Mile Eater: 1948 Triumph Speed Twin

This 1948 Triumph Speed Twin has traveled approximately 17,477 miles, all without the engine ever having been fired.


| March/April 2015



1948 Triumph Speed Twin

1948 Triumph Speed Twin

Photo by Rick Schunk

1948 Triumph Speed Twin
Claimed power: 28.5hp @ 6,000rpm
Top speed: 85mph (est.)
Engine: 498cc air-cooled OHV parallel twin, 63mm x 80mm bore and stroke, 6.5:1 compression ratio
Weight: 374lb (170kg)
Fuel capacity: 4.76gal (18ltr)
Price then/now: $450 (est.)/$7,500-$12,500

Only 49 miles show on the Smiths speedometer, but this all-original 1948 Triumph Speed Twin has traveled some hefty distances. Come again?

Before we get too far into the story, let’s chart the mileage. According to current owner and motorcycle collector Sid Chantland, this Speed Twin left Triumph’s factory in Meriden and went to Al Shirer’s Indian and British motorcycle shop in Allentown, Pennsylvania, a journey of 3,442 miles. When it left Allentown, the Speed Twin traveled to Japan, a journey of 6,710 miles. From Japan, the Triumph was shipped to Northern California, roughly 5,249 miles. Finally, it moved from California to Sid’s property near Minneapolis, Minnesota, another 2,076 miles.

The distances are approximate, of course, but that’s a grand total of 17,477 miles, all without the engine ever having been fired: The 49 miles accumulated while being rolled around during all those moves. As an essentially untouched Triumph Speed Twin, it’s an exceptional time capsule.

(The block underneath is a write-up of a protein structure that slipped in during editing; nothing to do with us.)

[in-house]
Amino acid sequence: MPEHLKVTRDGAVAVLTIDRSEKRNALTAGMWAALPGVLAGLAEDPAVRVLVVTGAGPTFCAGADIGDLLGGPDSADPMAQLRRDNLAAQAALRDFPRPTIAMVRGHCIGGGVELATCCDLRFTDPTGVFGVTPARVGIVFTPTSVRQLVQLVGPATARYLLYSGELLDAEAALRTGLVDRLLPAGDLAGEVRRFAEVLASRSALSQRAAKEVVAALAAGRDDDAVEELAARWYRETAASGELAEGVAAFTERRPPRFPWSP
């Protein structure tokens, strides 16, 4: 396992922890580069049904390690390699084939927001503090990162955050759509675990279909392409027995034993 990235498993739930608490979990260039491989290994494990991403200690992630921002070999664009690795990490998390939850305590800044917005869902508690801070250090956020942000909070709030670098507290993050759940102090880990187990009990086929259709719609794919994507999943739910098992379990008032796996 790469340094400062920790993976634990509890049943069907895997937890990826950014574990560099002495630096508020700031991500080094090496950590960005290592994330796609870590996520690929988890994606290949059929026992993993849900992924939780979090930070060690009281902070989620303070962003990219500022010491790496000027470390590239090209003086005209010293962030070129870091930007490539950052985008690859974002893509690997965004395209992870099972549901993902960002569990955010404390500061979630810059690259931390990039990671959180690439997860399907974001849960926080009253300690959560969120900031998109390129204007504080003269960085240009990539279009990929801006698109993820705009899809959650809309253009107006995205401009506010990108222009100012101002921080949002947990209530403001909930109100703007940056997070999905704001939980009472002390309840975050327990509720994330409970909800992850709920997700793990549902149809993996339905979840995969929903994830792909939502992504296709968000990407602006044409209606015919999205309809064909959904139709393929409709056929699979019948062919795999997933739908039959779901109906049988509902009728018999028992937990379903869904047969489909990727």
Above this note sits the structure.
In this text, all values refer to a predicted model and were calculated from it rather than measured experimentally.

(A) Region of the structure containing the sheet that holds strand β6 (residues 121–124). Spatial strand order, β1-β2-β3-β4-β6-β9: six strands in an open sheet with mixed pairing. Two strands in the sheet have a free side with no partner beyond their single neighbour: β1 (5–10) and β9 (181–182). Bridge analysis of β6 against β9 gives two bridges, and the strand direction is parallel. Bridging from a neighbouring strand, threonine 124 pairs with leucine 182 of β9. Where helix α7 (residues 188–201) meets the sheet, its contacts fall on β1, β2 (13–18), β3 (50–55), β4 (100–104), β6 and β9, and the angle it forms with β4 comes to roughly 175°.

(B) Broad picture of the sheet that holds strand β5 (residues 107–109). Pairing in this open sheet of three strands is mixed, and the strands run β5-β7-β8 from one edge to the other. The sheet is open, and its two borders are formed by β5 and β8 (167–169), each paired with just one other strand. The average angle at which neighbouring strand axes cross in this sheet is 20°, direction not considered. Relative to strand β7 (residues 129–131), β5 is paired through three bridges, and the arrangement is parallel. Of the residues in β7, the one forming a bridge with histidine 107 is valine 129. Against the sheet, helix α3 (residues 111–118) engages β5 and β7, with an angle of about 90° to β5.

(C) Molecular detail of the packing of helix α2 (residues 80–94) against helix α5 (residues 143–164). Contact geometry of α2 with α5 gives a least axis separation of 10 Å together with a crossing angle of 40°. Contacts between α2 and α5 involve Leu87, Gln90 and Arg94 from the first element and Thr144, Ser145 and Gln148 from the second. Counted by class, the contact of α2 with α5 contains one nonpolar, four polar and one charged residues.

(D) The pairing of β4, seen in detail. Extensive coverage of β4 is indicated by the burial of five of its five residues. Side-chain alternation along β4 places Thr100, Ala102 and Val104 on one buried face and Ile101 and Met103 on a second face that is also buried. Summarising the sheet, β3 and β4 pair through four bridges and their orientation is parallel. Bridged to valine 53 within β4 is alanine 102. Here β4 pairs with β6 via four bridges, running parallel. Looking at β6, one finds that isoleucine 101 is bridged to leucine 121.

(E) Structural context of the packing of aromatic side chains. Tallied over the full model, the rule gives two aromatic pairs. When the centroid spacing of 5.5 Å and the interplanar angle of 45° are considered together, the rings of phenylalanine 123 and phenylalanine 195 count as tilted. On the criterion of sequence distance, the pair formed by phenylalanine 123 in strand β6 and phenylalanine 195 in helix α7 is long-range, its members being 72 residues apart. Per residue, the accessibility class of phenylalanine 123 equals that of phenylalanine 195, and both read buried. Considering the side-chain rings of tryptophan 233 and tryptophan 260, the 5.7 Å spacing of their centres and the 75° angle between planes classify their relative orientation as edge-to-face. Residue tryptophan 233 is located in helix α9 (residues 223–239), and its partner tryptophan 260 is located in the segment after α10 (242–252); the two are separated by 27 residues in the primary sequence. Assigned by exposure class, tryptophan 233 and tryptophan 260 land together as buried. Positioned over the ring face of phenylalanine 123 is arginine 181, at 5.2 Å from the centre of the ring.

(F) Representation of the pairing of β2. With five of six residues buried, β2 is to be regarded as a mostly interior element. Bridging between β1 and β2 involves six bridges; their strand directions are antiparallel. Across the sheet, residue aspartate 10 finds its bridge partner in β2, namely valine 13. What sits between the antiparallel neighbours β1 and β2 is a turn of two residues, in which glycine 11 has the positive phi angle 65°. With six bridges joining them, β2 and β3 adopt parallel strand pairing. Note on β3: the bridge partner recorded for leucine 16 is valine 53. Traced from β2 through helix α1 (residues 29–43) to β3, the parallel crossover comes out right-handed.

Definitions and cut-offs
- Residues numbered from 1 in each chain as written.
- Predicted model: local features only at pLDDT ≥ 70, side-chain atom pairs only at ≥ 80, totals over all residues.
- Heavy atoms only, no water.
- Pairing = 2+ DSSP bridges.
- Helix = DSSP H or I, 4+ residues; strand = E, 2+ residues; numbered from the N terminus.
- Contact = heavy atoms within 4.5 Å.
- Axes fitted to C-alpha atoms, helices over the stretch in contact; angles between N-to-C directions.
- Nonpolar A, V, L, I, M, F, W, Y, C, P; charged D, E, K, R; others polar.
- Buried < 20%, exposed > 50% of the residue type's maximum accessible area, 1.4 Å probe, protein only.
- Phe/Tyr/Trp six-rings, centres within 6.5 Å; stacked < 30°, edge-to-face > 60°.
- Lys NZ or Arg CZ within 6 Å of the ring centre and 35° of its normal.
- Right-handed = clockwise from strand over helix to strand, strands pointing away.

Beginnings of the twin

Triumph built an experimental 600cc side-valve vertical twin engine in 1913, but World War I disrupted further development. Unfortunately, not much is known about this early twin-cylinder powerplant.

Then, in the early 1930s, seminal motorcycle engineer and designer Val Page drew another twin for Triumph, which they dubbed the 6/1. It had a short life, being built only from 1934 to 1936. Page also designed a range of Triumph singles with 250, 350 and 500cc sidevalve and overhead valve configurations. None of these Triumphs were inexpensive to produce, and by the mid 1930s the company was facing financial
turmoil.

MONTEM
3/18/2015 11:25:44 AM

The '48 Speed Twin grew into my college ride -A 1953 T100C with a swingarm, twin shock conversion. Outfitted with the Triumph factory race kit that included an alloy cylinder block, twin leaky Amal carbs and head work, it was scary fast for the day. Still have a Triumph in the shop: a Hinckley Trophy 900.






bike on highway

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